Canadian English in the Global ContextUniversity of Toronto BannerJack Chambers
HomeProgrammeRegistrationAccommodationJack Chambers

Sue Chambers' Remarks | Manami Hirayam's Remarks | A Conversation with Jack Chambers | Tributes to Jack Chambers | Michael Valpy's Globe & Mail Feature |

Sue Chambers' Remarks at the Banquet

29 January 2005

I thought I would tell you a little about a few twists of fate which brought Jack to linguistics in the first place.

In looking back over the years, several things affected the direction our lives have taken. Jack and I met as undergraduates at what was then Assumption University of Windsor. In the 1950's & 60's, this was a small Catholic university administered by the Basilian Fathers, a teaching order of priests who also ran St. Michael's College here at the University of Toronto. The Basilians who taught us were brilliant teachers and true intellectuals. I like to think that some of Jack's teaching skills may have come from their mentoring. We graduated in 1961--Jack as a gold medallist in Honours English Language and Literature. (Linguistics as a discipline did not exist at the time.) We were married the same year and moved to Kingston where Jack had a fellowship to Queen's University for his MA. The English dept at Queen's was rather "stuffy" and very British in those days...not at all similar to the dept. we had just left in Windsor. When Jack arrived, he intended to work in American Literature (CanLit was practically unheard of then--as Margaret Atwood often speaks about). Jack's idea was to study someone like J.D. Salinger. Queen's, however, had different ideas and stated that they couldn't look at a student studying anyone more recent than Thomas Hardy! He completed his MA on Edgar Allan Poe, and won a prize at Queen's for his thesis.

In the spring of that year, Jack applied for and got a position as a writer with National Film Board. He was flown to Montreal--when air travel was still an adventure--interviewed, and we began to plan to move there. However, a few weeks later, he got a letter in the mail advising him that due to Prime Minister John Diefenbaker's austerity program, the position had been eliminated! Remember this was 1962. Fortunately, he had alternate plans. He had written the Graduate Record exams, applied for the PhD program in the English dept. at the U. of Minnesota, and been accepted. So we changed gears and moved to Minneapolis instead.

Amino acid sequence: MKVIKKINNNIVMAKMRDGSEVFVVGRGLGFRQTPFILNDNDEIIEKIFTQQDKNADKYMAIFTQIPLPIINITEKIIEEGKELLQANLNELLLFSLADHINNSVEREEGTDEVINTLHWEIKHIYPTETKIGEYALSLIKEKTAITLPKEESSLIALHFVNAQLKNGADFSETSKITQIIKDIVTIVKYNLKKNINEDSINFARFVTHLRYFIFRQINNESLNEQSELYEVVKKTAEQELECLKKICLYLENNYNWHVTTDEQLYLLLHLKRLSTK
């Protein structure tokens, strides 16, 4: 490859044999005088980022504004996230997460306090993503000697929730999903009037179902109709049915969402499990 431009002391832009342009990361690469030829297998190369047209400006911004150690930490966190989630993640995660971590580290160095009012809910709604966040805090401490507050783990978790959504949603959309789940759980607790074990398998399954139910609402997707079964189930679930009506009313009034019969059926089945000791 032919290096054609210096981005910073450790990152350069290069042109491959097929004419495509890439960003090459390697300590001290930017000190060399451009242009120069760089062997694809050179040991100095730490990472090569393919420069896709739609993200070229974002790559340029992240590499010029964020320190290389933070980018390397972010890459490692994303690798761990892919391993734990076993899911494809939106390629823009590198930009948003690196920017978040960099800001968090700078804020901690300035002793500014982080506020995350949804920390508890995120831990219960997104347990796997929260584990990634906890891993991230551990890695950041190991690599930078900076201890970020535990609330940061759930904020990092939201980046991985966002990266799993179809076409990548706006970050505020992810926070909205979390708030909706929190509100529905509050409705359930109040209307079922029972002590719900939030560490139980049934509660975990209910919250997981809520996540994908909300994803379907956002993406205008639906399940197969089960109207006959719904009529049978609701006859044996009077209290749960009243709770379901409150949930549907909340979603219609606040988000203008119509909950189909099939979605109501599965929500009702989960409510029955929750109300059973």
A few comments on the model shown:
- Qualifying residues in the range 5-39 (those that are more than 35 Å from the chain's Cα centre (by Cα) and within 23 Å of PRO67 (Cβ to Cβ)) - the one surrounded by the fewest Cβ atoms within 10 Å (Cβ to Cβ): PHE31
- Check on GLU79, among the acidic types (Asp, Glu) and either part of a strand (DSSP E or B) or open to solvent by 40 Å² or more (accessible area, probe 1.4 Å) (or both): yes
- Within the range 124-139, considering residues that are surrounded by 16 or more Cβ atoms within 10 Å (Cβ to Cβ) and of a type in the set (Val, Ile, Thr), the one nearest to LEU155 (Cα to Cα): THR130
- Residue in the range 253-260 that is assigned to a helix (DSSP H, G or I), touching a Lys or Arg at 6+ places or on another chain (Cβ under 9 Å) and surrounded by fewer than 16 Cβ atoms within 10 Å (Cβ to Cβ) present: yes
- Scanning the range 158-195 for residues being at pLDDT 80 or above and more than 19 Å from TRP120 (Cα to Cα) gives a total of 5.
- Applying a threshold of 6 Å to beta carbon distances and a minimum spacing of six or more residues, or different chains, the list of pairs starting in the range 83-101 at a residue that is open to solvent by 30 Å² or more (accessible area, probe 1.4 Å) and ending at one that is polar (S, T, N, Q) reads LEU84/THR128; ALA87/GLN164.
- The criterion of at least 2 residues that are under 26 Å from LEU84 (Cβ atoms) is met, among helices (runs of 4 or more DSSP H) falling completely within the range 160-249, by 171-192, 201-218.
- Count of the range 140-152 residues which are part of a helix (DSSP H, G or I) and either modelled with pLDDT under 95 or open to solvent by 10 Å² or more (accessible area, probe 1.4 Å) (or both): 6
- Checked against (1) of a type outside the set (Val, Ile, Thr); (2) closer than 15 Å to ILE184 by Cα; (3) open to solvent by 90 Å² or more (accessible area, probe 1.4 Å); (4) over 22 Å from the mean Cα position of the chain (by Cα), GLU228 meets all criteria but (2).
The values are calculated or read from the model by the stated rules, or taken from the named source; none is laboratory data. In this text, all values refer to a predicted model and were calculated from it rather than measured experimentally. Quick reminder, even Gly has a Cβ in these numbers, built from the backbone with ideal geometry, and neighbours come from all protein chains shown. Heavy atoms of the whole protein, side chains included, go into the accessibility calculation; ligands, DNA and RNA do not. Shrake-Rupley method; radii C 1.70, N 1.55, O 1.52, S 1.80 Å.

After two small Canadian universities, the state University of Minnesota was quite exciting to us. Little did we know but we were not to stay long. The first disappointment was that two of the faculty Jack had hoped to study with were no longer there. The bigger disappointment was that the University wanted Jack to re-do his MA in their program before doing the PhD. This did not go over well and we decided to return to Canada after one term, where teaching jobs in secondary schools were plentiful. However, in the "nothing is for naught" category, one extremely positive thing came from the Minnesota experience. Aside from making some new American friends, Jack had a linguistics course from Harold B. Allen, a pioneer in Linguistics, during this one term at Minnesota.

Jack spent the next four years in secondary school teaching, then decided to look for a Canadian university where he could do a PhD in Linguistics. In 1967, with two young children, we moved to a new graduate student townhouse at the University of Alberta in Edmonton. We were there for three great years. Jack's thesis was in syntax, but he also did considerable fieldwork in aboriginal linguistics while in Alberta. When he finished in 1970, he had job offers from three universities--the U. of Minnesota which wanted him to build their aboriginal studies program, Carleton University in Ottawa, and the University of Toronto. At that time, we were not anxious to go to the U.S. The Vietnam War was top of the news and many American academics were coming to Canada. Jack chose Toronto's Centre for Linguistic Studies because it had graduate linguistics, and Peter Salus flew out to Edmonton explaining that his mission was to figure out why Martin Joos, the department head, liked Jack! These were the times of Professor Robin Matthews' report on the small number of Canadian teachers in universities in Canada. Except for Ed Burstynsky, the U of T dept had no other Canadian-born linguists at that time. And so a career began and in June 1970, now with three children, we came to Toronto.